The Road of Our Becoming
Atlanta Christian Church is a Stadia church plant that launched in 2004. Current lead pastor, Derek Sweatman, wrote the following post after reflecting on what he and ACC have learned after 15 years as a church.
On Super Bowl Sunday, our church turned fifteen years old. Our building is a few blocks from Mercedes-Benz Stadium – and the neighborhood had been closed for a week in preparation for the big game – so we never even met for worship that day. A forgotten birthday, like Sixteen Candles (minus a year).
We talk about our fifteen years in terms of days:
The “Strip Club Days”
The “Theater Days”
The “Peachtree Road Days”
The “Downtown Days”
If your church has met in a number of locations across the years, you know what I mean. Each place we land is a stop on “the road of our becoming.” We look back to see what it was that God was doing in each location, and how what happened in “those days” reshaped our congregations. And us pastors, too.
When my friend John Wasem asked me to write this reflection, it meant me looking back on our days here in Atlanta and finding the things that have mattered most in the life of our church across these fifteen years. Naturally, I started with a list of wins: the baptism numbers; the total dollars given to mission and justice work; the small groups we’ve launch; the homes we’ve built; the church we planted; the art we’ve made; you know, all the fun stuff.
I’m grateful to have been around long enough to see all those things (and more) happen in the life of our church, but what has mattered more to me – and to my team – have not been the ways God was evident in the extraordinary times, but in how God has shown himself to be near and active in the day-to-day ordinary and unseen rhythms of ministry. The long stretches of nothingness – of no one singing, no one getting baptized, no one signing up to serve, no one asking us how we’re doing – have been the most formative for me and my team. It turns out that deep-rooted discipleship is not defined by so much by the “mountaintop experiences” (which are rare, at best), but in the quiet and ordinary rhythms of daily living. Joan Chittister, O.S.B., in her book, The Liturgical Year, writes:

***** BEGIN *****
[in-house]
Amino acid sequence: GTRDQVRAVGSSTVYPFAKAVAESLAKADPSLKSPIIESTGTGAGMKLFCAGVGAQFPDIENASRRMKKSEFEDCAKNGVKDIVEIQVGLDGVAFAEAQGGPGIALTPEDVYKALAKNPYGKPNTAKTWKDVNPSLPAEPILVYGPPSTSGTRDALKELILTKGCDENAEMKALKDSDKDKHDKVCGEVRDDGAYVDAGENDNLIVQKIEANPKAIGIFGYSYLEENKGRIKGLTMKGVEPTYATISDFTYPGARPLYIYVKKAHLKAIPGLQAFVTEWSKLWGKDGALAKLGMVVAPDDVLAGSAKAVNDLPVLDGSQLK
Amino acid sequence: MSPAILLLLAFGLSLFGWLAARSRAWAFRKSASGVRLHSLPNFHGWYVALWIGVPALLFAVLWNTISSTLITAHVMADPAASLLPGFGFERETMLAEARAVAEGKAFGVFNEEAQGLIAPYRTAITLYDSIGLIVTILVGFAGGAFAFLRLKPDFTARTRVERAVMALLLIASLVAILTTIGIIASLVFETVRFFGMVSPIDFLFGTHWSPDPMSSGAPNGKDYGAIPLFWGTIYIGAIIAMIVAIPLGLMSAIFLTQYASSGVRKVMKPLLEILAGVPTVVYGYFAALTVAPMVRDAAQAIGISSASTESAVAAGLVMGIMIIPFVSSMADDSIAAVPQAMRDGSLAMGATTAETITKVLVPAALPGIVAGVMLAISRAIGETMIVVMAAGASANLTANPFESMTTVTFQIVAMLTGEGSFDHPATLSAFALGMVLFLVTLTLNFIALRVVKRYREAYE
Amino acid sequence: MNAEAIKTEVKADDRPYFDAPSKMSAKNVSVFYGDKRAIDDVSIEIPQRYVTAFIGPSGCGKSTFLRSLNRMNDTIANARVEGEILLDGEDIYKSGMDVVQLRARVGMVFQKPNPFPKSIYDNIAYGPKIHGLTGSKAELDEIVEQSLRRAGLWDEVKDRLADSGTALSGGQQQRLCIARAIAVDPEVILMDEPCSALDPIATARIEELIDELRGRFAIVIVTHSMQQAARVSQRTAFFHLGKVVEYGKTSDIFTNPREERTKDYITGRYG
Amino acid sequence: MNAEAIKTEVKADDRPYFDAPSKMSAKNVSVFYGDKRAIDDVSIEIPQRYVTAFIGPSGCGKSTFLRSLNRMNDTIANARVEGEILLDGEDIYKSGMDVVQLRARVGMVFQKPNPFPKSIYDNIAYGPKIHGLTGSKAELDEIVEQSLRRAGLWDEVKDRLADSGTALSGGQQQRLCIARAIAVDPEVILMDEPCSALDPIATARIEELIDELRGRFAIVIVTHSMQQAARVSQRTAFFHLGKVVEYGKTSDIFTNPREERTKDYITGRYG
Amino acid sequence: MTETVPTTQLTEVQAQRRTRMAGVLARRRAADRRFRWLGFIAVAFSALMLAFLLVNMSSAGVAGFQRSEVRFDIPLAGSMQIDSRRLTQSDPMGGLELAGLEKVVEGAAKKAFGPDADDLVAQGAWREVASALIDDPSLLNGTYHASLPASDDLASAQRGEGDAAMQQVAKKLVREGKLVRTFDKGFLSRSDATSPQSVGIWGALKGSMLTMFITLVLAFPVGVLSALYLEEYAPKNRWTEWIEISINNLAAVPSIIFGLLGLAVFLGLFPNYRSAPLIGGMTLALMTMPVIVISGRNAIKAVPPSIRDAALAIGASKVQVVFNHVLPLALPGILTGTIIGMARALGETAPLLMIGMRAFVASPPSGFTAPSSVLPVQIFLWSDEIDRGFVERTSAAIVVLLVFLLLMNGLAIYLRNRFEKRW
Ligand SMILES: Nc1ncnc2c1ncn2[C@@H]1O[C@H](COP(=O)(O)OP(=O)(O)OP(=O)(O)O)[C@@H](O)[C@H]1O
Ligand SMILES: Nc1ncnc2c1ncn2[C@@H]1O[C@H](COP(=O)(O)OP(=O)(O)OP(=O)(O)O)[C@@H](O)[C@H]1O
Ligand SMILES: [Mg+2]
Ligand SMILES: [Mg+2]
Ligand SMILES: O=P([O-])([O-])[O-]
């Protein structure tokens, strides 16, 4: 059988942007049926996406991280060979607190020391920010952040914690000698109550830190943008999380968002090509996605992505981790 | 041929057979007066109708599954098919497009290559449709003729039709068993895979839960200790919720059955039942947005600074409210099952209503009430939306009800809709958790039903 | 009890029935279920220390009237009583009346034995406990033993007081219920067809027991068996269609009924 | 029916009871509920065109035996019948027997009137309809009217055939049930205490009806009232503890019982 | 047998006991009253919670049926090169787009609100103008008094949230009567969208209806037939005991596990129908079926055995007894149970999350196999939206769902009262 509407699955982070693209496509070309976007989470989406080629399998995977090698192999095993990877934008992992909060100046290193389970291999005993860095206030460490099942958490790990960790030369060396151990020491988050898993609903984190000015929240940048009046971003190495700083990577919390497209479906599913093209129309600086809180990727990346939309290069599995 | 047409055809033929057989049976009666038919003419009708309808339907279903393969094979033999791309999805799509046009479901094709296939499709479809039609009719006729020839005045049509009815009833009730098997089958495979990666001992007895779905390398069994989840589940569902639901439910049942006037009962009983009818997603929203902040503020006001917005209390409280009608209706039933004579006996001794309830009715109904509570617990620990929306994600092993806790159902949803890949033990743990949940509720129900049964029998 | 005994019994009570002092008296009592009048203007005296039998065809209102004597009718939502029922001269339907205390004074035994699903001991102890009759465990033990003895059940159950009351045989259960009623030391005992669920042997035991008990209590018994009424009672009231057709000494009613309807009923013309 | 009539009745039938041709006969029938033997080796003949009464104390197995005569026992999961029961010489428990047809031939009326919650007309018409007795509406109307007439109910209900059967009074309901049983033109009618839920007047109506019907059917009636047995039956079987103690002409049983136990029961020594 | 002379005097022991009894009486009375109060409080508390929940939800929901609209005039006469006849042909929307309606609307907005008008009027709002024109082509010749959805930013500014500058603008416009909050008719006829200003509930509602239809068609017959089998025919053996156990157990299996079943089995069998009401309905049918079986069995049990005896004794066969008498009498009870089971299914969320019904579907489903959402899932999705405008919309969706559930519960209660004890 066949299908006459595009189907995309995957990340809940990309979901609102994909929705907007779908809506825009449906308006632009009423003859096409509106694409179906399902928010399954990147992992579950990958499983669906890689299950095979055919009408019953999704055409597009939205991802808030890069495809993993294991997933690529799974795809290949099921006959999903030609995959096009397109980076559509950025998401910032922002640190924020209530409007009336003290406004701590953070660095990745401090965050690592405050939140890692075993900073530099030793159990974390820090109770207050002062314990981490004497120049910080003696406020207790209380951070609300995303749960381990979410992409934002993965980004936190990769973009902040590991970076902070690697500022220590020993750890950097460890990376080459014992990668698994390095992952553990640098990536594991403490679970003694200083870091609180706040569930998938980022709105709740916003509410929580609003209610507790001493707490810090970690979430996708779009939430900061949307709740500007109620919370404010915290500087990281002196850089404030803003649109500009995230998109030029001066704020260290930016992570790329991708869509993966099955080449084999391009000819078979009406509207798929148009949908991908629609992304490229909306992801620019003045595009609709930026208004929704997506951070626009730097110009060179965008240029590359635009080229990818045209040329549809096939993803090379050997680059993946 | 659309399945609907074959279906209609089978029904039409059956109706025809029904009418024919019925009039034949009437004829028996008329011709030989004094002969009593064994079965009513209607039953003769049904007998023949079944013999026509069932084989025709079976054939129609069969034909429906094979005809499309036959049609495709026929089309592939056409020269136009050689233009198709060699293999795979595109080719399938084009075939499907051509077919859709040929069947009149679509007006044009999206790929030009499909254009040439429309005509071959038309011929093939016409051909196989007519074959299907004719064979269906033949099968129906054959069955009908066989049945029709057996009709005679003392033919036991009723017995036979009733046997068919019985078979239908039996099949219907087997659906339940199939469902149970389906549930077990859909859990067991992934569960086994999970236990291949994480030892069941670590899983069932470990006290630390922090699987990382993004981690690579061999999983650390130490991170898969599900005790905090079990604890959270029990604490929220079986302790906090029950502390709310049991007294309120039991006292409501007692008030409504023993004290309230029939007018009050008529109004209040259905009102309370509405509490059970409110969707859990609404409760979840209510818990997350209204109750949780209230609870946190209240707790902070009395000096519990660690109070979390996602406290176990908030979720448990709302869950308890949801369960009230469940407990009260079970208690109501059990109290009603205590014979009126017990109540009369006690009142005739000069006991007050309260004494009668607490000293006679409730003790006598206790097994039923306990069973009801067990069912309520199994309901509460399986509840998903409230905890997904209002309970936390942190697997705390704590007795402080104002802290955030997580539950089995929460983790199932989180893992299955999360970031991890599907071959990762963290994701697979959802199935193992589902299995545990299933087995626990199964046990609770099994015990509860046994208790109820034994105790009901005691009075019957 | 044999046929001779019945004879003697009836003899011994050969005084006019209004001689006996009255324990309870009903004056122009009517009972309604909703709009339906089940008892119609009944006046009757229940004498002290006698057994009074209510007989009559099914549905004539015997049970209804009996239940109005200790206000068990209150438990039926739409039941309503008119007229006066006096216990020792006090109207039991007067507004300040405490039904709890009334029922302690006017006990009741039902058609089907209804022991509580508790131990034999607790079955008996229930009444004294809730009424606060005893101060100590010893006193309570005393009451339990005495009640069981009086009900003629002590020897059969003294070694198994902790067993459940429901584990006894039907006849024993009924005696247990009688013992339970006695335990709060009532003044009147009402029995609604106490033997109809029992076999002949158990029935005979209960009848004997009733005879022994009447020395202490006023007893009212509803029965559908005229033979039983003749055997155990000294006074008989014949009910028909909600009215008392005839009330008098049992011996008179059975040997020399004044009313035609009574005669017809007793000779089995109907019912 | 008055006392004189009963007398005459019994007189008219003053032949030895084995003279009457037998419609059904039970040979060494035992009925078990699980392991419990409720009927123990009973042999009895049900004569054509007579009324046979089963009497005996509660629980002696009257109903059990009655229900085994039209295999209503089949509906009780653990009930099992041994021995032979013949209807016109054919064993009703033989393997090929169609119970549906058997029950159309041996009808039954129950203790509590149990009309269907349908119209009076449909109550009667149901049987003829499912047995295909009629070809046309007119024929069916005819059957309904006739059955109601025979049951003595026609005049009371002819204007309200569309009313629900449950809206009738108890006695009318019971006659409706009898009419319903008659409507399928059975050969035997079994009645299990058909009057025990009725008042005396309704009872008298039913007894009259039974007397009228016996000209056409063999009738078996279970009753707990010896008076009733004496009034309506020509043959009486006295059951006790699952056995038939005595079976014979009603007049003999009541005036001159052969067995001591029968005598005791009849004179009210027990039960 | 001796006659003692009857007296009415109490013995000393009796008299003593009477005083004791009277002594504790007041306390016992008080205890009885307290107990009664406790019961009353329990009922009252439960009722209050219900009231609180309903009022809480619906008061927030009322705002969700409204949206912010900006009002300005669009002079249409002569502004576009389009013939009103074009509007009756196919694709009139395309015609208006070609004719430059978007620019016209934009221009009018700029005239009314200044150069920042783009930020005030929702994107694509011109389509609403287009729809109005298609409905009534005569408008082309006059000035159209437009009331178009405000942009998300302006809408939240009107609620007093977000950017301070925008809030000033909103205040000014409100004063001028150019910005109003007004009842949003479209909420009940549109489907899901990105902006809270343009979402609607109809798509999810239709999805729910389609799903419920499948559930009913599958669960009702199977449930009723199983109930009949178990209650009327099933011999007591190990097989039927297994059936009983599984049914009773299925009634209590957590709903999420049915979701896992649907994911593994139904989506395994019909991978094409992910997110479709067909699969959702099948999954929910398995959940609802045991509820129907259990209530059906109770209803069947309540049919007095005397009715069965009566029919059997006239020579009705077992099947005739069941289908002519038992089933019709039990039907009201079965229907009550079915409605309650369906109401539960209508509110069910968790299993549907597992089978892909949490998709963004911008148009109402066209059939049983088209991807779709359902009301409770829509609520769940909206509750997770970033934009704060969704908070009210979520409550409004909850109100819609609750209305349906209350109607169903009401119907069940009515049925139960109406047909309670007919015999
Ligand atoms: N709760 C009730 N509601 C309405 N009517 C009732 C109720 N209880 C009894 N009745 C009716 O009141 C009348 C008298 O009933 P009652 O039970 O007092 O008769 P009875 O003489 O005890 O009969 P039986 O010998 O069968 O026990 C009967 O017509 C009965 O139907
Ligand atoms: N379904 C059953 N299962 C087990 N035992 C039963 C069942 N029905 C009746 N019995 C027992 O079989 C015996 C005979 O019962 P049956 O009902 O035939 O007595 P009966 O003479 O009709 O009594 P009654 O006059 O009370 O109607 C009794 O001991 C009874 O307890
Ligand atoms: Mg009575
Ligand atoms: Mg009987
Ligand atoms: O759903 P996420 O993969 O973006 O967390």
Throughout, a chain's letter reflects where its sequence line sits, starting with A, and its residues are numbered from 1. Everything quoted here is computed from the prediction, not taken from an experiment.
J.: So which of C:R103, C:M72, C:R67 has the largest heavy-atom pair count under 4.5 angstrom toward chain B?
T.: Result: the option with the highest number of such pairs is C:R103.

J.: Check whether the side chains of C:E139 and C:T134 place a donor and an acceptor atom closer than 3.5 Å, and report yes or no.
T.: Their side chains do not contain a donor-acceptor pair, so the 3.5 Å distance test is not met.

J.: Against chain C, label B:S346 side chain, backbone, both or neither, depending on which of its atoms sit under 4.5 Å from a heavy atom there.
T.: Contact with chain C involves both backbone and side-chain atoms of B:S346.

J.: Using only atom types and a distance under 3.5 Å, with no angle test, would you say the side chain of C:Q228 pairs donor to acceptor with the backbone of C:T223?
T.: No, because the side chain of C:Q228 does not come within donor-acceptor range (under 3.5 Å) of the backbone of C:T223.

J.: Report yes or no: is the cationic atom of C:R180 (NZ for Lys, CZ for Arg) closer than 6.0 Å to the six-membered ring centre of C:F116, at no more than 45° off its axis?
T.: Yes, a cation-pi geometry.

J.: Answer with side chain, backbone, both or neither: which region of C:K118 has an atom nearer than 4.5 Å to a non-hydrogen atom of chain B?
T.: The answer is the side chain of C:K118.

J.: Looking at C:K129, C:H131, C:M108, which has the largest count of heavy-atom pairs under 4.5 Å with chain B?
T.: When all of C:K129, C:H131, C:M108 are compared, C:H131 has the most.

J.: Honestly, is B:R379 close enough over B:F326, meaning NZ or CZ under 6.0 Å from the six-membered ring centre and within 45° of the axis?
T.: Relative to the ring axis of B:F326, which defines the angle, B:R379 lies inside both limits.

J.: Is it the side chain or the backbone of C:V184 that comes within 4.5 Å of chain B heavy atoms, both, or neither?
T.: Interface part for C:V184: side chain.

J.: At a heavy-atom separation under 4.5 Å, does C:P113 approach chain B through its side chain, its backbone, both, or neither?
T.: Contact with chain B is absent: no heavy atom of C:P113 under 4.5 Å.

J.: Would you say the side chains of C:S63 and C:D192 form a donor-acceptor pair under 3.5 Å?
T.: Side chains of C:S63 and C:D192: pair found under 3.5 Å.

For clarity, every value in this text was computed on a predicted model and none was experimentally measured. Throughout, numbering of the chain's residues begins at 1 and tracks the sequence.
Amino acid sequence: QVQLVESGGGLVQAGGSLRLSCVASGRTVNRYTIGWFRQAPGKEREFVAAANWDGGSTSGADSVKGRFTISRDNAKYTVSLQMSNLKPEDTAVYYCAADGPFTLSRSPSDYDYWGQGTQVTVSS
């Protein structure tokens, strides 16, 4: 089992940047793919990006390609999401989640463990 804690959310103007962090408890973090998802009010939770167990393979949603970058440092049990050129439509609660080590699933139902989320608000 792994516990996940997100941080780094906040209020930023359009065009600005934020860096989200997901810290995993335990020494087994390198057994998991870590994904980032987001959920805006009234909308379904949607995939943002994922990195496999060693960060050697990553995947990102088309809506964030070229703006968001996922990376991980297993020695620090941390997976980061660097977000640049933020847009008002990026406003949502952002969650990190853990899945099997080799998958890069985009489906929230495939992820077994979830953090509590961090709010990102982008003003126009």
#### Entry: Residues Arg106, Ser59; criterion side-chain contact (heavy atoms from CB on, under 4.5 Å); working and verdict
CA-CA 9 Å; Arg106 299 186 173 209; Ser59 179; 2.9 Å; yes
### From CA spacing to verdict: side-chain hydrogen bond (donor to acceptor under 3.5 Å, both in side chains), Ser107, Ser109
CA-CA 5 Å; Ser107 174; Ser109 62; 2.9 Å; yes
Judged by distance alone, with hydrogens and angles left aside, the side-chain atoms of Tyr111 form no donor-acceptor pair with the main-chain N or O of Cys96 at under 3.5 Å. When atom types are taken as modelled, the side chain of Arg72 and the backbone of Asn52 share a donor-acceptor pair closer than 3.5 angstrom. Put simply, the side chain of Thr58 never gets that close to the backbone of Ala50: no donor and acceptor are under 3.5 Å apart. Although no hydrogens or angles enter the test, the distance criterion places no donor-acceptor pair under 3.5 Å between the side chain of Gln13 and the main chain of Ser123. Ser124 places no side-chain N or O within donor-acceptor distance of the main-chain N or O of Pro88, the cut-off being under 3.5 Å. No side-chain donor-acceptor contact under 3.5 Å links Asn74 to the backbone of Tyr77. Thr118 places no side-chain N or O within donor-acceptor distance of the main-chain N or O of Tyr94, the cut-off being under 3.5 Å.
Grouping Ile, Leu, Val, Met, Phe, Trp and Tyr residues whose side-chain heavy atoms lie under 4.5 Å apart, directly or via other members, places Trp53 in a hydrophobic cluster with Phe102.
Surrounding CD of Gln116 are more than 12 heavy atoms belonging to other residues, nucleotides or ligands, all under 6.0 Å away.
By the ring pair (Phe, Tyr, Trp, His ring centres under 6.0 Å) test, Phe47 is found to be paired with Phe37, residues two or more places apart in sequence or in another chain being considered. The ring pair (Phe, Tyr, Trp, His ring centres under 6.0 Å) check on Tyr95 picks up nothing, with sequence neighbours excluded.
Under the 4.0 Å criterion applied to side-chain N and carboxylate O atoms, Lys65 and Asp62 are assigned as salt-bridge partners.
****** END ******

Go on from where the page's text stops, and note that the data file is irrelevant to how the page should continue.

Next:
It is what we do routinely, not what we do rarely, that delineates the character of a person. It is what we believe in the heart of us that determines what we do daily. It is what we bring to the nourishment of the soul we nurture. It’s what we do ordinarily, day by day, that gives intimation of what we will do under stress. It is the daily – the way we act ordinarily, not rarely, that defines us as either kind, or angry, or faithful, or constant.
Every church has its own story, its own folklore around the experiences that have given it its shape and voice. And what’s out there among the congregations in the cities and towns and rural communities of our nation is not a monolith, but a patchwork of localized testimonies of God’s workings in the life of each parish, each with its own wins and losses. For many, the wins are the defining factors for a church’s health. For us, it’s been the losses. We are more ordinary than amazing. We don’t have the buildings or the campuses or the book deals or the songs you want for your church; instead, we have the lines on our faces, and the scars on our hearts from the road we have traveled. And that road “has made all the difference” for us.
We’ve learned to love the moment we’re in, and to know value of pastoral presence over any sort of need to build a platform or legacy of success. We are not the model of success, but simply a people who have learned how to fail together. We tell our people often that the church ought to be the safest place to be human, and for us, that mantra comes from experience, not vision.
Across all these years, God has remained on the job. The baptisms. The baby dedications. The skeptics who keep coming. The Jewish people who stand in line for communion. The deaf homeless men who come early to help set up and then play cards during the service. The people who have overcome addiction. Blind Willie Johnson was right: “God don’t never change.”
May the joy you know in success be familiar to you in failure.
Grace and peace.
Derek Sweatman is the lead pastor of Atlanta Christian Church, a downtown parish in the city of Atlanta, GA. Derek and his wife of 24 years have two children (7 and 17), a pug named Yoda, and a home on Peachtree Road in the heart of the city. He is a Grateful Dead fan, and has a tattoo of Jerry Garcia’s face on his ankle. In addition to pastoring ACC, he is also an adjunct professor of Biblical Studies at Point University.Derek Sweatman